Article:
D2: um realizing all the times we say we don’t have
time for stuff when really like we’re just sitting
D2: on the couch on our phones you know being pulled
in by social media or youtube rabbit holes or
D2: you know and it’s like oh yeah but i don’t have
time for that you know but you don’t realize the
D2: time you’re wasting on non-essentials i think
that’s been my biggest thing is like realizing
D2: the time that was spent on non-essentials
like spending more time as a family like
D2: really focusing on that um has been
awesome um and so yeah i think slowing down
D2: and like really evaluating how time was spent um
and like money was spent you know i mean we are
D2: like crazy movie people in our household we love
movies and like we would go to the theater like
D2: probably three or four times a month like it was
ridiculous um and it’s like i haven’t been to a
D2: movie theater in six months and i don’t miss it
like and so but it’s weird like but it took this
D2: for me to realize like that was a waste of money
it was a waste of time like we could have gone on
D2: a hike you know all those types of things and so i
think kind of just slowing down and opening up and
D2: realizing how you were spending your time and how
you could be spending it in a more valuable way as
D2: far as like building relationships and connections and all those those types of things
Julie: i think that’s
Julie: so important d2 like i want to go off a little
bit the whole like evaluating how you’re spending
Julie: your time because i think during this period um
i was really focused on like why i’m spending my
Julie: time doing these things and you know those times
that you’re infinitely scrolling on your phone
Julie: you may be doing that for a reason like i
don’t know about y’all or everyone watching but
Julie: like hands up depression anxiety all those
things my whole life so like really evaluating
Julie: in especially a pandemic like why do i find
myself on the couch more than often or why
Julie: do i feel better today like oh i meditated twice
today already i did some cardio today or i like
Julie: picked up the phone and talked to a friend so like
really breaking down during this time why you feel
Julie: you need distraction or you feel down versus like
why you feel happy and figuring out what those
Julie: things are so you can start like pulling them out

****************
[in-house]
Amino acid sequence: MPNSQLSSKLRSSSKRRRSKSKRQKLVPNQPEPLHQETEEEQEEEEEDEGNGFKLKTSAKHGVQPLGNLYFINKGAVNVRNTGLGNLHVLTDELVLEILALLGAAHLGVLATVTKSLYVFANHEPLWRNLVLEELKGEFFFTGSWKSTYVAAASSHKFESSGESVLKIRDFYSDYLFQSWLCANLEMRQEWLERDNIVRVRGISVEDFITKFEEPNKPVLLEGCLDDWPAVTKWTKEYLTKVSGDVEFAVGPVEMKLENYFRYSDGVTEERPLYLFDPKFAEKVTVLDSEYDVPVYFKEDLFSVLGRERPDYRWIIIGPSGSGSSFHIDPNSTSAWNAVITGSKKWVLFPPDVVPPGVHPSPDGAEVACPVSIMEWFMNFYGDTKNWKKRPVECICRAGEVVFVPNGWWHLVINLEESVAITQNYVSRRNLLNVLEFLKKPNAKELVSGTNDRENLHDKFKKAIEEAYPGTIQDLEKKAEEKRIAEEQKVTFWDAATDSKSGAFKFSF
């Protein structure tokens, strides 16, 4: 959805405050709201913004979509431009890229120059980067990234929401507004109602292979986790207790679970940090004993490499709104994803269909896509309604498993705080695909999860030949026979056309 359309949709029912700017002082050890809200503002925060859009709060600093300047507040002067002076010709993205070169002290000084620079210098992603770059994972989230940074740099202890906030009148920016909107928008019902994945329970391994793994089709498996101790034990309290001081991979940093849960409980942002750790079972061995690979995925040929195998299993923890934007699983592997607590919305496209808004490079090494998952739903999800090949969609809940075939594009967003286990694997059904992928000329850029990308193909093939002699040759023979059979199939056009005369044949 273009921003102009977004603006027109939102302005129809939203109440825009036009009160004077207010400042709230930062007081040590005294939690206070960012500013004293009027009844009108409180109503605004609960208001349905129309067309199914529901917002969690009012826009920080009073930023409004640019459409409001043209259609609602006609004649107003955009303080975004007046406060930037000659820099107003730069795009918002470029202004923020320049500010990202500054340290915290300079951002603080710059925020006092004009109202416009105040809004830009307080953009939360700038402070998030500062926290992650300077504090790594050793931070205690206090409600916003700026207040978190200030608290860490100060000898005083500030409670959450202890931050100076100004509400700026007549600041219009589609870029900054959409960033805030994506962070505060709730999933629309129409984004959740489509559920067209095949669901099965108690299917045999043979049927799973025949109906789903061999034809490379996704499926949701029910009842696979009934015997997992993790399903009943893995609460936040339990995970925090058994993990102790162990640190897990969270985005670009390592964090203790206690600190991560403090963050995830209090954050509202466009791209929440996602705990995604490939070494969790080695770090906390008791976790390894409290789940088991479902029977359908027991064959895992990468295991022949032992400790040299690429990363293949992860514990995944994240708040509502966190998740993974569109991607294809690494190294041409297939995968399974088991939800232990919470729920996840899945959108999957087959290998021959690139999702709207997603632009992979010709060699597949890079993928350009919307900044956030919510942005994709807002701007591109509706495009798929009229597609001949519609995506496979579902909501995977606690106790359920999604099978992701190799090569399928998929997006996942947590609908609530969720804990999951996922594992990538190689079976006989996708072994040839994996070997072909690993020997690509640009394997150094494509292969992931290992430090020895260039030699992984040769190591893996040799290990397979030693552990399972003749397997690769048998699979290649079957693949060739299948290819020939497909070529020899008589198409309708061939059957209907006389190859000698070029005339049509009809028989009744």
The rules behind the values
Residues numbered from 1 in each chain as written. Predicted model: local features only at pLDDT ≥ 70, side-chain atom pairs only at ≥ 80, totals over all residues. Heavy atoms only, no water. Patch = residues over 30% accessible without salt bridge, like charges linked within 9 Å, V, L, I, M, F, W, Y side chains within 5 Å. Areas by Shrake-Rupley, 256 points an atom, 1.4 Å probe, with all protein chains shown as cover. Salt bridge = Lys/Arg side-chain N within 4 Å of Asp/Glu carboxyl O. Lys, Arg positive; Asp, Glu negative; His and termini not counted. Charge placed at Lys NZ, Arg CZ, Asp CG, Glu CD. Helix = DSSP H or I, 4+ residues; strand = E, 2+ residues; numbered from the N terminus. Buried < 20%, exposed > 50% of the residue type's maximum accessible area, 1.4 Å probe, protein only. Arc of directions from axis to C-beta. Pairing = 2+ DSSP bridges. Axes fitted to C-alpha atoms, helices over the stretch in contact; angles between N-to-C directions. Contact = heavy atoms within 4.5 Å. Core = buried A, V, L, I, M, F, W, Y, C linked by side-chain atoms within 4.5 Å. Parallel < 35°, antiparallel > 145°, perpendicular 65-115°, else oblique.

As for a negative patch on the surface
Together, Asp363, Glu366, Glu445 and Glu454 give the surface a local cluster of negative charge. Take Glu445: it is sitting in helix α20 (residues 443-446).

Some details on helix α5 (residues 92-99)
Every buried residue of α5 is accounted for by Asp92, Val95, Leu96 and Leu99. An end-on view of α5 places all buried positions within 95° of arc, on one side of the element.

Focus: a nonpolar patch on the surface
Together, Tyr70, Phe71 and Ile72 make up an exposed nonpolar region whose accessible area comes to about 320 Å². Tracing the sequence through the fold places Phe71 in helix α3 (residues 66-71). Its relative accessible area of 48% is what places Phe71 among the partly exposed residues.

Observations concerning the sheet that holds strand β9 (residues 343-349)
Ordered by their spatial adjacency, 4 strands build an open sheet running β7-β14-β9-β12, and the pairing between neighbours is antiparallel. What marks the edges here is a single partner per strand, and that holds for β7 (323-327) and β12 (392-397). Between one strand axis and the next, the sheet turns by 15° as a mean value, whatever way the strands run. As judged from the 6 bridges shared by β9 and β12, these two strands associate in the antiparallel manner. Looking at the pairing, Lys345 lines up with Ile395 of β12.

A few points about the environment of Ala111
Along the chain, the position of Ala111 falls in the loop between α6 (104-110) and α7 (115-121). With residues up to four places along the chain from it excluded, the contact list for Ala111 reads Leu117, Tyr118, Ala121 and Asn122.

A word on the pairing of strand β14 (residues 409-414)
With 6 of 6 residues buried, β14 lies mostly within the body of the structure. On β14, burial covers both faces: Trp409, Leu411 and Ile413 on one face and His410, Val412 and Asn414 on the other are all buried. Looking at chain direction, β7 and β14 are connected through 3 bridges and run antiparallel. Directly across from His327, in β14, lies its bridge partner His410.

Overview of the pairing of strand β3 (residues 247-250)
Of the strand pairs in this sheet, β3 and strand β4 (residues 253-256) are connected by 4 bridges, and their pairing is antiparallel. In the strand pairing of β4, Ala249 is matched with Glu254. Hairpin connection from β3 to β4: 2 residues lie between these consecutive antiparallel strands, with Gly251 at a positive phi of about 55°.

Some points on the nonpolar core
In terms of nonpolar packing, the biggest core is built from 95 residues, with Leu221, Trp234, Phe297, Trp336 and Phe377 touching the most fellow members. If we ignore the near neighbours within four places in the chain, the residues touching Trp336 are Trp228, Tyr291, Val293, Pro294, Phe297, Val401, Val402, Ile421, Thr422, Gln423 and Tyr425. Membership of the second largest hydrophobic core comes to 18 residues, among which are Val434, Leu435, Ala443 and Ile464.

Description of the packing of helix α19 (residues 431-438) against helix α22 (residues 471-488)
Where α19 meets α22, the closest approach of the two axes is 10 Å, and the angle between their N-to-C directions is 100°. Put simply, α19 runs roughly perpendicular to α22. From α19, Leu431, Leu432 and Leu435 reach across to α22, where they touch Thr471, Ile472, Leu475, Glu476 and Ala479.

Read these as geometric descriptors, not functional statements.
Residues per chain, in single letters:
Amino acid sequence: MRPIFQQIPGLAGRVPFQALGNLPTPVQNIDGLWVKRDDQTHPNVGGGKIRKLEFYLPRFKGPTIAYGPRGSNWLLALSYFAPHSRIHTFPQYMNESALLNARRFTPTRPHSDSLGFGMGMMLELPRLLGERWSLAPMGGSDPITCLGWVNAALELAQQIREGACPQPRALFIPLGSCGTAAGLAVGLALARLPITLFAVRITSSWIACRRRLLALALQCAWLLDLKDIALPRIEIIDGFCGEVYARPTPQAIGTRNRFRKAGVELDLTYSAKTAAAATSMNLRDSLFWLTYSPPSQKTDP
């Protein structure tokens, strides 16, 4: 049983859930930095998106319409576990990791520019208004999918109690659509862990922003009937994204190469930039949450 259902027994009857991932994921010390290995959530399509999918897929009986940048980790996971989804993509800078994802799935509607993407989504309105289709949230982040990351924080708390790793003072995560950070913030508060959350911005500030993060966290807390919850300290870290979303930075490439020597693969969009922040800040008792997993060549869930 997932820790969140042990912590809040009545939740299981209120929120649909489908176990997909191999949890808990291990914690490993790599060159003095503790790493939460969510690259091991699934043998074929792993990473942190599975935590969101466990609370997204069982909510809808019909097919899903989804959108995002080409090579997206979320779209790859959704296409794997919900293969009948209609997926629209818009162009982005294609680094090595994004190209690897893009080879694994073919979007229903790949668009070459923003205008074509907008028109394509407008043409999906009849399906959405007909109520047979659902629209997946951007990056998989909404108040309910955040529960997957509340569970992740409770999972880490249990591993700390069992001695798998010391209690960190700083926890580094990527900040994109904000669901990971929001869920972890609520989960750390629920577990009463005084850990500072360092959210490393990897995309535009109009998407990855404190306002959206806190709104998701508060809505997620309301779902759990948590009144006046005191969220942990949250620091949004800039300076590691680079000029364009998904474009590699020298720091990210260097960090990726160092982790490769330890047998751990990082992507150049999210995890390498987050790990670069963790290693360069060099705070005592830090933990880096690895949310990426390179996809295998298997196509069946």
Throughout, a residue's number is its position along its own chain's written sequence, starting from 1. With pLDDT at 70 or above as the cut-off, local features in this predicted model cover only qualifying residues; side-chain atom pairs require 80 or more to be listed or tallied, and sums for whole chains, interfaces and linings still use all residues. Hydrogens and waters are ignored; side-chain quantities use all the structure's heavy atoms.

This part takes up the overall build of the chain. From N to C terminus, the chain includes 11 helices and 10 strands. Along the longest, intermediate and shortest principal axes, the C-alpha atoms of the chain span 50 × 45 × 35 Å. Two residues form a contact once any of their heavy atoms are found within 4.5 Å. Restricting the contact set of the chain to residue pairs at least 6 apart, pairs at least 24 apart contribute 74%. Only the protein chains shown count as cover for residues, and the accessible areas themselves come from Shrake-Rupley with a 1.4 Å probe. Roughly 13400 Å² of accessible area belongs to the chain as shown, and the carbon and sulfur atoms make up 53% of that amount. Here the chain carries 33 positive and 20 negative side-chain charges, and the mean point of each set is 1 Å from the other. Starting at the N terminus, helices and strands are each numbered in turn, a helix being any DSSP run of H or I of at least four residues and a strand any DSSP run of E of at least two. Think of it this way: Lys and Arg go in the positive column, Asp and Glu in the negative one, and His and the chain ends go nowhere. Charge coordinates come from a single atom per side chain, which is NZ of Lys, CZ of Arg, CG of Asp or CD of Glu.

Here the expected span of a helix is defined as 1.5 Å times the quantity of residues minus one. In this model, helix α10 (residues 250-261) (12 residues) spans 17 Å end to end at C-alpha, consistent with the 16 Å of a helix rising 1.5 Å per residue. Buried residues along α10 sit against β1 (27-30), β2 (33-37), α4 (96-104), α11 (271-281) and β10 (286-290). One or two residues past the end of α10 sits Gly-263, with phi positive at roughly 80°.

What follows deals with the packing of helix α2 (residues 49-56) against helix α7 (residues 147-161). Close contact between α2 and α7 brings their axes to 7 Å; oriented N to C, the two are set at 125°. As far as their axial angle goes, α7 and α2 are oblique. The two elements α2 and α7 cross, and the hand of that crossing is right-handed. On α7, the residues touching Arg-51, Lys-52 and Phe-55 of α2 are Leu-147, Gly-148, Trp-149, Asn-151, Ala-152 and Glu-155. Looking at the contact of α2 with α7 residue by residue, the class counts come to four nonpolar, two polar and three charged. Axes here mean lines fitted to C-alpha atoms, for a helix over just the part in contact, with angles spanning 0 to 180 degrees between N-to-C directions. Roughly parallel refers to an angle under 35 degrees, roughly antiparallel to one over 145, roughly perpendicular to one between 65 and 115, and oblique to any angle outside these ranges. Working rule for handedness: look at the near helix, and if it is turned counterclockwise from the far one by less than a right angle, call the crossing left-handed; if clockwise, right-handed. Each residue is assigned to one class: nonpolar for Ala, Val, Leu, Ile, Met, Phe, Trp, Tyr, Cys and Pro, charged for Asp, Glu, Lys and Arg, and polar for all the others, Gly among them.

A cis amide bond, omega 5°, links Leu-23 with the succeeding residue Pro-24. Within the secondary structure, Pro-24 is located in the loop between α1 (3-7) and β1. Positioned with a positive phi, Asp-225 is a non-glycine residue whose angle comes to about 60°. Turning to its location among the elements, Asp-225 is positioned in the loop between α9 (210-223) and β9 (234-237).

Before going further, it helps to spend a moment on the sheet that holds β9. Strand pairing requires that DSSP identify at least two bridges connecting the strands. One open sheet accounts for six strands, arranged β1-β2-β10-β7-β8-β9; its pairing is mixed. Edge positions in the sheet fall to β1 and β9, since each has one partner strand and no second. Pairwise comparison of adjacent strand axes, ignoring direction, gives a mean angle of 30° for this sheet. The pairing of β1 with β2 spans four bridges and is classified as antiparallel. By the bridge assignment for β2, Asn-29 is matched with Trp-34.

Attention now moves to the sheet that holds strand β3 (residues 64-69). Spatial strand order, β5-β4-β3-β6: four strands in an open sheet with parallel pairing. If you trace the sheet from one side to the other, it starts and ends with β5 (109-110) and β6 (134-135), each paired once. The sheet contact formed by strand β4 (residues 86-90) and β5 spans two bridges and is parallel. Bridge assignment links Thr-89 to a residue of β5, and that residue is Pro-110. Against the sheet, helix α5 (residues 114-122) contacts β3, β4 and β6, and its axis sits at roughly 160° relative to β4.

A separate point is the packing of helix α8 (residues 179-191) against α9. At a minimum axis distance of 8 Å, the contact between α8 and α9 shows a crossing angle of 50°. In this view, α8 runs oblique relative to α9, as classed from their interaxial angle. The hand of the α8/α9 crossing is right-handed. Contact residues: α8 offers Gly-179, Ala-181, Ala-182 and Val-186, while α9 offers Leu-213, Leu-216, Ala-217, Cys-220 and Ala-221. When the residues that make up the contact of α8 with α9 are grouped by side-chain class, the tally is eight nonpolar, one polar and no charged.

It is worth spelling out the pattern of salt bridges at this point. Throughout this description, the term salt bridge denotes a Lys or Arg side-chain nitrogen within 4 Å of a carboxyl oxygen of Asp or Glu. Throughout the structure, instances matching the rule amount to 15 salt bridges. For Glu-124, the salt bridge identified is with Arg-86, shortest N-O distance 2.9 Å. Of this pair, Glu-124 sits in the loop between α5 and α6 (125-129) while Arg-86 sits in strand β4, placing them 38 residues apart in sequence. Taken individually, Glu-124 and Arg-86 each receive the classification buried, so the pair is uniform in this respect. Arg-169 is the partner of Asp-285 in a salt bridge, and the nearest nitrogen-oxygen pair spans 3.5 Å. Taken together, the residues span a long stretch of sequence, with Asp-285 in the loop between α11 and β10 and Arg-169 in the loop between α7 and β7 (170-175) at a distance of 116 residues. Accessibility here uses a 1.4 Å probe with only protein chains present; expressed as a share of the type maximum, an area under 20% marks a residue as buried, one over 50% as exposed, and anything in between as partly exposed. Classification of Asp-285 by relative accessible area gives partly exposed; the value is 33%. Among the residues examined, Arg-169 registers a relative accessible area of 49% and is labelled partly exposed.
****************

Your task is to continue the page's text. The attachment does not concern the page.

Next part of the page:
of your little basket when you actually need them
Korinne: yeah definitely definitely i feel like even
for myself um covid gave me the opportunity
Korinne: to to discover like i didn’t like my job and
i wanted to do something else so a lot of
Korinne: a lot of real realizations and and good things
came from it even though it’s such like a horrible
Korinne: time and and people are going through some really um hard times so
Julie: for sure like what is this
Julie: darkness trying to teach everyone like just like
our own personal shadow sides we exist with these
Julie: things all the time so what can you learn from it
Korinne: definitely a learning opportunity for sure
Korinne: so i wanted to switch gears a little bit
and talk about the lgbtq2ia+ community
Korinne: um start the wave since the rebirth
dom since your coming out since the
Korinne: rainbow waves i have seen the amount of people
that i’ve seen come forward and they’re younger
Korinne: and younger every i feel like every time i see
and they’re starting to discover themselves and
Korinne: they and they give credit to start the wave and i
just wanted to know um what advice would you give
Korinne: to these younger people that are coming
forward and trying to discover themselves
Korinne: and um like what would what would you say to
them and porter i’ll start with you for this one
Porter: um i would say similar to to all of the other
things you’re committing to so when we spoke
Porter: about veganism similar to that journey and just
being patient with yourself along your journey
Porter: because a lot of people um especially now it’s
amazing how much positive representation there
Porter: is of that community and like we did not have that
you know even five years ago um and i’ll be honest
Porter: i did come to terms with my sexuality and and
realize what was going on with myself when i did
Porter: see it it was the show called south of nowhere and
it just like oh yeah have you guys seen it like
Porter: man that show i was like wait are are these
two wait they’re they they’re kissing they’re
Porter: two girls two girls they’re but they’re kissing i
grew up in like northern minnesota and you didn’t
Porter: you didn’t see that like that was not a thing it
didn’t exist if it did exist people spoke ill of
Porter: it and it it was so unfortunate um so i i just
think people need to to see that representation
Porter: and then when you feel like you know maybe
maybe you’re not conforming to what you’ve
Porter: been told is normal let that journey happen
but don’t automatically put yourself in a box
Porter: like just because you’ve seen something and you
feel something when you see it doesn’t mean that
Porter: you have to be placed in a box man you
don’t have to ever put yourself in a box
Porter: um that’s why the big the big q is awesome
that was a q q yeah it’s awesome because
Porter: you can just say yeah man i’m queer and like
don’t even define yourself you don’t have to
Porter: um you can figure it out in life’s journey and be
patient and there are going to be times that are
Porter: going to be hard it’s going to be difficult
and push through man like you have support
Porter: you will always have people if nobody else you
have the start the wave community man like
Porter: there we go everybody is here for you and don’t